I think it’s already close and in some aspects it is already the best. But football fluctuates and and leagues/teams are always on the rise and decline. What is in the Bundesliga’s favor is its responsible financial and business models which will help it through the several financial regulations that will appear throughout Europe in the coming years. That alone will keep the league competitive in Europe. Along with its great youth development, which I think is the best in Europe at the moment.
I think the Bundesliga will always have to accept that its success will come internally rather than spending. Hence the emphasis on youth development and the academy system. I also think it’s the best choice in the current climate. Guardiola will offer a lot to the league in terms of creating a competitive atmosphere and new ideas but I don’t think that means the discrepancy between Bayern and the rest will have a negative effect on the league’s quality.
Neither to be honest. I think it benefits German players to challenge themselves and go play in the best leagues. Özil and Khedira have grown tremendously in their time with Madrid and so would any of the young players coming up in the league right now.
And foreign players coming into the league would never threaten it in any way. The influx of Japanese players has actually made it better. It’s about quality control and maintaining your principles and a vision. German clubs continue to invest in their youth and in their scouting and the right balance there is the key to long term success.
I think the chances are as good as any. I think Spain will still be favorites with Brazil and Argentina, but Germany are right up there and always improving because of the constant integration of young talent. Brazil 2014 may come a bit too soon but with most national teams in transition it should be one of the most competitive competitions in a long time in my opinion.
Löw needs to continue to find the right balance between attack and defense, that has been a major shortcoming of the team in the last couple of years which is continually exploited. If he can do that Germany can go all the way next year.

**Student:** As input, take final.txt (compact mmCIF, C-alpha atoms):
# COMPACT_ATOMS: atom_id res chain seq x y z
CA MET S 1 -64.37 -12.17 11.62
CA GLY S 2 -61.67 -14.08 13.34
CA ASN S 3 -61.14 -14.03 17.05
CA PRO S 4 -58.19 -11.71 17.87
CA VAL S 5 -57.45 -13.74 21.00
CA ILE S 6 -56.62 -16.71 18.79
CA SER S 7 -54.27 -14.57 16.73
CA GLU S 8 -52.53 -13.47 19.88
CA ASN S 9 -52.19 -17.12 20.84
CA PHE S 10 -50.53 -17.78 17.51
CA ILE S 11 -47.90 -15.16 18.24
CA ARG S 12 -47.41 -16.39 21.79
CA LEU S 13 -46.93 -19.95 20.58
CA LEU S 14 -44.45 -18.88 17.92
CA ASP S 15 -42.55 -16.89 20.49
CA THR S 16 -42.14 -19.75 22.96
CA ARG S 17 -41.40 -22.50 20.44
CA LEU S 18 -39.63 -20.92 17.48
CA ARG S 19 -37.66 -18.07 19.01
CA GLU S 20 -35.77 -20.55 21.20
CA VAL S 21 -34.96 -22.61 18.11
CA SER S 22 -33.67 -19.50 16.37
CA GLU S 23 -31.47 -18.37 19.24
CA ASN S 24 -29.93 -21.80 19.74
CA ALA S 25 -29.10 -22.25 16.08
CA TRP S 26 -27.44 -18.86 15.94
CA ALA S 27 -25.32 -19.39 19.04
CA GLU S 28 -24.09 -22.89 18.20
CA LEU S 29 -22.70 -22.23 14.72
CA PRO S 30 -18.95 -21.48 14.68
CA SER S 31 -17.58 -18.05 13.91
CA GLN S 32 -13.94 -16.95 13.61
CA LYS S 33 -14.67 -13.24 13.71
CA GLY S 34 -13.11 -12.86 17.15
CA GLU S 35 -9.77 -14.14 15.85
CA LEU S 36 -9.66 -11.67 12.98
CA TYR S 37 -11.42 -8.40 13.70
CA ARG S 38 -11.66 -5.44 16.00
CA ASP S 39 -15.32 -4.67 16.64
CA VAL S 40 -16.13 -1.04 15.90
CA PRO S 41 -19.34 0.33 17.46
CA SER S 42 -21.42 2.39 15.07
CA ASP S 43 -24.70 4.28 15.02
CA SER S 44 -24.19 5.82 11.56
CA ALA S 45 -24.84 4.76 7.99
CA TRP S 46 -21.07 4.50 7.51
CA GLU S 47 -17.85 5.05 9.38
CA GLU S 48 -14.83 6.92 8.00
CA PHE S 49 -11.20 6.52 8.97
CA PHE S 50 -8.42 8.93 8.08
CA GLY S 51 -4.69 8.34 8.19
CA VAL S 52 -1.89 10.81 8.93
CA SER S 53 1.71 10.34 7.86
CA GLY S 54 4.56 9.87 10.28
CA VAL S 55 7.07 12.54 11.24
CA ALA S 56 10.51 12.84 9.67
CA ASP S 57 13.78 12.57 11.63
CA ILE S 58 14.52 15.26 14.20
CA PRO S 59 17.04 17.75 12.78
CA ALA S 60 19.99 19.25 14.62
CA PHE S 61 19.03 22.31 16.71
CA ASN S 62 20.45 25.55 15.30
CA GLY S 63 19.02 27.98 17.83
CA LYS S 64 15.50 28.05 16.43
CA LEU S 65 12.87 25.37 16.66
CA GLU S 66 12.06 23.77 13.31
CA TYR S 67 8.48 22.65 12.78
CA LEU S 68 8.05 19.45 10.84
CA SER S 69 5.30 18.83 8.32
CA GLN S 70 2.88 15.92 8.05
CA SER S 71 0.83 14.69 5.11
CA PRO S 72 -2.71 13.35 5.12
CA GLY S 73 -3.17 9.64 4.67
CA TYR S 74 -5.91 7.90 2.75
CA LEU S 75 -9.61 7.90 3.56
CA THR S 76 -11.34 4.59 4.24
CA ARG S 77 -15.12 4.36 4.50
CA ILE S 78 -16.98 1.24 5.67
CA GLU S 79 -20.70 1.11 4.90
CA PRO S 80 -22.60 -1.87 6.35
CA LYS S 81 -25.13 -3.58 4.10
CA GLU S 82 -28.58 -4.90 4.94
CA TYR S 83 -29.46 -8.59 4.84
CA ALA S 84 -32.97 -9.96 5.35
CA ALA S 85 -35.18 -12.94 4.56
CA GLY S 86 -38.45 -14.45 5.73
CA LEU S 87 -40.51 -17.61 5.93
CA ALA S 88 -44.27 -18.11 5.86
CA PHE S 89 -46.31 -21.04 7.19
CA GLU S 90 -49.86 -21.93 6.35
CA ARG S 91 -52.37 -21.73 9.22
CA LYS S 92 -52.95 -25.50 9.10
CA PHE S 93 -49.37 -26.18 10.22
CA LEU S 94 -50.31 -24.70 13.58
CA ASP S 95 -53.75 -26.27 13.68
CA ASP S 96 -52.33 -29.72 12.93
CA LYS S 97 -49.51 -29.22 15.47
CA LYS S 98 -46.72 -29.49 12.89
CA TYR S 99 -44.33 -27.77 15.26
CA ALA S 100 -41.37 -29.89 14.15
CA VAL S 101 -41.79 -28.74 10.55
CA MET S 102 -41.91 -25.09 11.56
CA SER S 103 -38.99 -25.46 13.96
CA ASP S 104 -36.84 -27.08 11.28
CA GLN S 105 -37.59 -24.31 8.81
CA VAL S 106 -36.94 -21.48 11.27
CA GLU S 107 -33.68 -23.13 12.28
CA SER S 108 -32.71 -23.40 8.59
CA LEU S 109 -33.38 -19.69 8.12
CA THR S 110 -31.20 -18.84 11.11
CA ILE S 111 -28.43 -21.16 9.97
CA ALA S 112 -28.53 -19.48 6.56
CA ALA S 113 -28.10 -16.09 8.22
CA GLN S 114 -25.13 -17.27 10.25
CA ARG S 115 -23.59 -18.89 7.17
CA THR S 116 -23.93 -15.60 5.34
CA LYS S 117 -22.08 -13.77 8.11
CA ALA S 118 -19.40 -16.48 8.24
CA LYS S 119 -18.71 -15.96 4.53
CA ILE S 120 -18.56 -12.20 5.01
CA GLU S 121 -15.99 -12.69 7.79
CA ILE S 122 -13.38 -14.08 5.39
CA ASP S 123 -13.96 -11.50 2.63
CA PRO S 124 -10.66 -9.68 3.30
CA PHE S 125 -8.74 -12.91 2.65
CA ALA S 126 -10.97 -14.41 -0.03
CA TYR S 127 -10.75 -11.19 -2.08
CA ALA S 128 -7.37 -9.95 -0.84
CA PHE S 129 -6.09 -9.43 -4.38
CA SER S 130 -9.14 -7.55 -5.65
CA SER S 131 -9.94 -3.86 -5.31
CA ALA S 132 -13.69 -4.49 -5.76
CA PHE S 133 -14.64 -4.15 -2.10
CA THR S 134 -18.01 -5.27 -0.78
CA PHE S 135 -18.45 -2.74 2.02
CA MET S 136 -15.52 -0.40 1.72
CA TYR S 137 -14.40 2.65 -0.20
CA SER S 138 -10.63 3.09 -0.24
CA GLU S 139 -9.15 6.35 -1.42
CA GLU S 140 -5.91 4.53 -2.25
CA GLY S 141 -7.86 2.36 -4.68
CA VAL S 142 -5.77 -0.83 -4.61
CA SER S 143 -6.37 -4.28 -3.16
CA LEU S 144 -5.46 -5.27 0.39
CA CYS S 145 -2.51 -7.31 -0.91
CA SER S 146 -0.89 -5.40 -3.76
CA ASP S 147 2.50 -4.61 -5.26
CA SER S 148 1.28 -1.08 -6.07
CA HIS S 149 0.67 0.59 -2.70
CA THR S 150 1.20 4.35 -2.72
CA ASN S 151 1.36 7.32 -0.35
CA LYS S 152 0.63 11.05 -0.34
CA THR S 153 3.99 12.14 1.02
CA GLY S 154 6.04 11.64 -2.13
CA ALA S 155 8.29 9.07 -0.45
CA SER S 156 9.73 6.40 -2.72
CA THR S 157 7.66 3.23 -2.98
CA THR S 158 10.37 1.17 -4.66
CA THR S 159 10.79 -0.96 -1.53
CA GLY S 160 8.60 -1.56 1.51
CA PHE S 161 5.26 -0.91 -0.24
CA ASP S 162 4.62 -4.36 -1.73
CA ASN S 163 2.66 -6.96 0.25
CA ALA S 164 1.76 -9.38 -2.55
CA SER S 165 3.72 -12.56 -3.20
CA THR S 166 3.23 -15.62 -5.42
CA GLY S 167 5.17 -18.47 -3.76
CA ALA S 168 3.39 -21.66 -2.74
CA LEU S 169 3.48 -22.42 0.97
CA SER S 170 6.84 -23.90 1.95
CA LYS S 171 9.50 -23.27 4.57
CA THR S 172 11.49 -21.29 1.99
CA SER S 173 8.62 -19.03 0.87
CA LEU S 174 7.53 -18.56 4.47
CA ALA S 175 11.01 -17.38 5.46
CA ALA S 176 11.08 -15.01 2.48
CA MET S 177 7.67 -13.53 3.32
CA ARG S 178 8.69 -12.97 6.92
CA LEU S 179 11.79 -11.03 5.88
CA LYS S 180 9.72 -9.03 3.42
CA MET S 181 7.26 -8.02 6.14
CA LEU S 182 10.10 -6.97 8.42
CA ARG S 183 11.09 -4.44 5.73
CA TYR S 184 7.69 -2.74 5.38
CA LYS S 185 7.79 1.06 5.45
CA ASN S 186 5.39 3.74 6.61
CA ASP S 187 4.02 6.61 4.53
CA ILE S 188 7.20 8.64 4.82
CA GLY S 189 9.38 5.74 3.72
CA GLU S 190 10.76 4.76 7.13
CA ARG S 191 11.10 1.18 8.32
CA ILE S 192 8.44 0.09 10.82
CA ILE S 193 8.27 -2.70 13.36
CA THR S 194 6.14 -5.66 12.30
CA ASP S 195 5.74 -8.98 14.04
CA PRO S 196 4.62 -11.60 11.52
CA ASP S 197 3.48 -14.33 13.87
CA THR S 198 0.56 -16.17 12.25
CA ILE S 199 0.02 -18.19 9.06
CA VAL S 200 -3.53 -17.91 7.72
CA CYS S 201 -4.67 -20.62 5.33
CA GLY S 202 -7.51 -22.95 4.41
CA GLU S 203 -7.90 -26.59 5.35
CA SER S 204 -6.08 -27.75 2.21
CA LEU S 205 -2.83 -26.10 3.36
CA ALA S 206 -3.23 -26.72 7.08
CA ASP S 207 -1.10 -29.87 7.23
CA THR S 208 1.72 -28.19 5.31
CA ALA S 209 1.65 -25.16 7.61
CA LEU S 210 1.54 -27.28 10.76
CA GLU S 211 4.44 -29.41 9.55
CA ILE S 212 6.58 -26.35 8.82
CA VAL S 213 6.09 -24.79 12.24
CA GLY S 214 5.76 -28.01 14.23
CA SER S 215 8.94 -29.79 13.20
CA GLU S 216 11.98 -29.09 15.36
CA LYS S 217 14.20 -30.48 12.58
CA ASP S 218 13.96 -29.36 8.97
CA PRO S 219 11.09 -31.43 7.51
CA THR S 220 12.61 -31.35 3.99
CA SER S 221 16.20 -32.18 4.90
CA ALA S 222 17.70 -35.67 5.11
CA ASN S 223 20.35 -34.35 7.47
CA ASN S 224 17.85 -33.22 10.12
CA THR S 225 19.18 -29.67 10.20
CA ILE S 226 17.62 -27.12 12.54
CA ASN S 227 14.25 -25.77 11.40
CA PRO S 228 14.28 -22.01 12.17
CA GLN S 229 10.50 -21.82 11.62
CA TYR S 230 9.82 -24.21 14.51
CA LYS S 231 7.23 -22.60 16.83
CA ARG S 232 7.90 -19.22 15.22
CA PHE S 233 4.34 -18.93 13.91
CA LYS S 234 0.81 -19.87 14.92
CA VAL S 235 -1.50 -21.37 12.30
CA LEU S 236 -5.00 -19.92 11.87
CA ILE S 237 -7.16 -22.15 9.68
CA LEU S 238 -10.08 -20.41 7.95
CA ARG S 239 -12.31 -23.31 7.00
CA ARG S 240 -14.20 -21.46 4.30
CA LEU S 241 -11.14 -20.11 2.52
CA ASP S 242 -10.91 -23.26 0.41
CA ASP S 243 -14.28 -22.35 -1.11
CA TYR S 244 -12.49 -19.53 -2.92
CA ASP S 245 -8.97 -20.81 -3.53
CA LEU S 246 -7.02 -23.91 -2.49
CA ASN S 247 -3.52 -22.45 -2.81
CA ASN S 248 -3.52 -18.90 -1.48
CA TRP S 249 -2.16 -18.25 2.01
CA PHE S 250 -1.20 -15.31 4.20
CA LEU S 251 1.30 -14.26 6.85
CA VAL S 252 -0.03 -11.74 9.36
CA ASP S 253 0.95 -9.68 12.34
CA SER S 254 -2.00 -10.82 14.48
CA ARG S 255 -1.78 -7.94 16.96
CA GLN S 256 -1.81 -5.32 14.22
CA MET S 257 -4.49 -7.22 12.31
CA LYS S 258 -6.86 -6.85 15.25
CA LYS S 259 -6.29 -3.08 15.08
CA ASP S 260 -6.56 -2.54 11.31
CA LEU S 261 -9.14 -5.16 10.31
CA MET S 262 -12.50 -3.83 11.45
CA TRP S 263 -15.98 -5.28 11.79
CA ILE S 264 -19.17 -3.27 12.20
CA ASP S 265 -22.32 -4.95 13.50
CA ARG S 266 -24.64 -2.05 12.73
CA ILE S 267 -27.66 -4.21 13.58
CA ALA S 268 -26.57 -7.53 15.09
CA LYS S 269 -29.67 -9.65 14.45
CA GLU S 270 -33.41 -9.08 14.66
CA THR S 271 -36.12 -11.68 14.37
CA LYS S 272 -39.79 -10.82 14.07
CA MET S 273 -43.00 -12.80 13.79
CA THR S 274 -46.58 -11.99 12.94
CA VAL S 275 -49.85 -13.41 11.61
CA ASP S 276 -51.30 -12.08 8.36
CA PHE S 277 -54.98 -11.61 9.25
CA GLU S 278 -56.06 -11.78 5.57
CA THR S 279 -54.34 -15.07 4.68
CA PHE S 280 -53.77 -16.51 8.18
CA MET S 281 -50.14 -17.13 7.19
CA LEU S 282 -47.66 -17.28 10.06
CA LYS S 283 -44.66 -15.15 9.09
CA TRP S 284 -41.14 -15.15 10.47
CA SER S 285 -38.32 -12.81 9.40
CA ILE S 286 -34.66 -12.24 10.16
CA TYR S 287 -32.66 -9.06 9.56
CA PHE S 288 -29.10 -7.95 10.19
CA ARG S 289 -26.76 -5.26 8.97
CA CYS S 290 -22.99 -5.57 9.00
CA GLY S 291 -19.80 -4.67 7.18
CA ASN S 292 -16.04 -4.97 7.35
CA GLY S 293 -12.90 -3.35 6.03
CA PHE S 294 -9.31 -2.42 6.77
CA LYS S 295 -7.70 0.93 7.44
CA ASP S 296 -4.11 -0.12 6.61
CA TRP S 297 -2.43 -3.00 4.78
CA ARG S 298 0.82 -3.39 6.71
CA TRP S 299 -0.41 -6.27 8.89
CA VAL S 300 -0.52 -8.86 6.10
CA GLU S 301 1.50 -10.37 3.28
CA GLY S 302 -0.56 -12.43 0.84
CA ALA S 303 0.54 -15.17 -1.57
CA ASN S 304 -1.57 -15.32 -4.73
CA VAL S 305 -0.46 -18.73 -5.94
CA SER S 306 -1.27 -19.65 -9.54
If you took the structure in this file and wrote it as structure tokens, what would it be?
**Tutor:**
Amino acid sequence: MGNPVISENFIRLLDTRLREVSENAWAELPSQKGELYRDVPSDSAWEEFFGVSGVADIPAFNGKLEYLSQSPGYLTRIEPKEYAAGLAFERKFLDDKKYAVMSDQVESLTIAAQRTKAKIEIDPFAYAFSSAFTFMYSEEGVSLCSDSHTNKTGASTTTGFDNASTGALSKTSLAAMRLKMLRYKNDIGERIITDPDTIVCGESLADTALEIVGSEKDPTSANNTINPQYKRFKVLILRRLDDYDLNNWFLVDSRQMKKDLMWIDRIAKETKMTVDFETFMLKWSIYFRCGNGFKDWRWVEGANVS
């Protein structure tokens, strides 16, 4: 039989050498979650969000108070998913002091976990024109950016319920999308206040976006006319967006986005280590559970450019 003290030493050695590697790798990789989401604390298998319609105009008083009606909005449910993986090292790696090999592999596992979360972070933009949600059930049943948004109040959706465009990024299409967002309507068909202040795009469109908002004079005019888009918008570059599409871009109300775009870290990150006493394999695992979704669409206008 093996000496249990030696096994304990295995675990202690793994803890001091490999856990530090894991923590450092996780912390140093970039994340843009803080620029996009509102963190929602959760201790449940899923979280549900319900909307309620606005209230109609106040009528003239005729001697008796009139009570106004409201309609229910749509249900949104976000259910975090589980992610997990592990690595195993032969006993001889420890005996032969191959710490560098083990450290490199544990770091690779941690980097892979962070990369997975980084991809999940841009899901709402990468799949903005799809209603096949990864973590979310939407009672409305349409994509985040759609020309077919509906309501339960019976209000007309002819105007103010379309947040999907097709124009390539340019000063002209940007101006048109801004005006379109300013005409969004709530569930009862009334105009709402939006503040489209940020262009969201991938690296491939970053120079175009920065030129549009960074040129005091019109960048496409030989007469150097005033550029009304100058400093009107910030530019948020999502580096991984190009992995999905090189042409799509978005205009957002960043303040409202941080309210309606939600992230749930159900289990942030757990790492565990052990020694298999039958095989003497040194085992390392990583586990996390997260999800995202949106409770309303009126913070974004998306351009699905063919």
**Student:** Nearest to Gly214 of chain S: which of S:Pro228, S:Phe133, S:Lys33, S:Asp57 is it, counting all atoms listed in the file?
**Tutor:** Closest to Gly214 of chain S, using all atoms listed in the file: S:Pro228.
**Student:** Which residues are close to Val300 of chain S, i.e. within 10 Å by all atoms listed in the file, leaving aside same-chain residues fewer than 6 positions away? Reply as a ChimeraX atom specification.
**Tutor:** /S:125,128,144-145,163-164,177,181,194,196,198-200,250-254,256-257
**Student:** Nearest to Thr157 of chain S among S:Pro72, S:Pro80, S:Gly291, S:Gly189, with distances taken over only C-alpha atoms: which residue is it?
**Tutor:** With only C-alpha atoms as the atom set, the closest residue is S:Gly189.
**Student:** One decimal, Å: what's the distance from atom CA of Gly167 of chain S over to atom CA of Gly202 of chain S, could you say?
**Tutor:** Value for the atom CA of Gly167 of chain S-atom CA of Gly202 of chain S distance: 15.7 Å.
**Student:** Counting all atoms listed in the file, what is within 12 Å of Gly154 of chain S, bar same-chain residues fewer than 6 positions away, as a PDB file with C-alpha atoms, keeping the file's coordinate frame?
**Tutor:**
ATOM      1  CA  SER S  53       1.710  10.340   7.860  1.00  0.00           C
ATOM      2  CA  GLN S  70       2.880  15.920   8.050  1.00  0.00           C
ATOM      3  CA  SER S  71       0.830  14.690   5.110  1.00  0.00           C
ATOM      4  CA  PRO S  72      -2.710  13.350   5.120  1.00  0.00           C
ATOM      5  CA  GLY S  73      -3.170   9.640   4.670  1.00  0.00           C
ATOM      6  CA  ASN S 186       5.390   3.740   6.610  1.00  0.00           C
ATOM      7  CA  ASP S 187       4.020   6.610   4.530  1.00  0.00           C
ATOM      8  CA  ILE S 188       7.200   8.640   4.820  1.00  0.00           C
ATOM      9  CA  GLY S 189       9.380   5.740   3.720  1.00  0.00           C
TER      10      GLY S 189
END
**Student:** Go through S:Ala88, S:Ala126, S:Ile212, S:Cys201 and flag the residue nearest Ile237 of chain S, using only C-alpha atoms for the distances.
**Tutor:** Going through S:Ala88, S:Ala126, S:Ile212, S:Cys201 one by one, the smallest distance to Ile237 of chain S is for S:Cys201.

It’s all about exposure and success. Winning is a simple way to get that and Germany have come close in the last two decades but never matched their peak or past success whereas other leagues have, at least at club level, been successful consistently in the last decade or two. The other leagues have the advantage of lucrative TV deals and marketing deals outside Europe whereas the Bundesliga is still catching up.
Bayern and Dortmund performing well in the Champions League and the continuing improvement of the national team should help that though because the tide in football seems to continue to tilt Germany’s way and networks outside Europe will pick up on that gradually.
Well, thank you for the kind words first of all. I really appreciate that. We’re grateful to have built such an extensive reach and audience in the last couple of years, it speaks of the quality of the subject and our contributors.
As for advice, I think the most important thing in writing or pursuing a passion is to stay true to oneself and why you got into it in the first place. If you lose sight of that it’s easy to get sidetracked and lose perspective. Hard work is of course a big part of it. To improve in anything, you have to continue working at it. In writing, reading as much as you can helps a great deal and in the world of online media it’s all about synergy and communication. Interact with your audience and build relationships with them and your peers and you will get the recognition you deserve.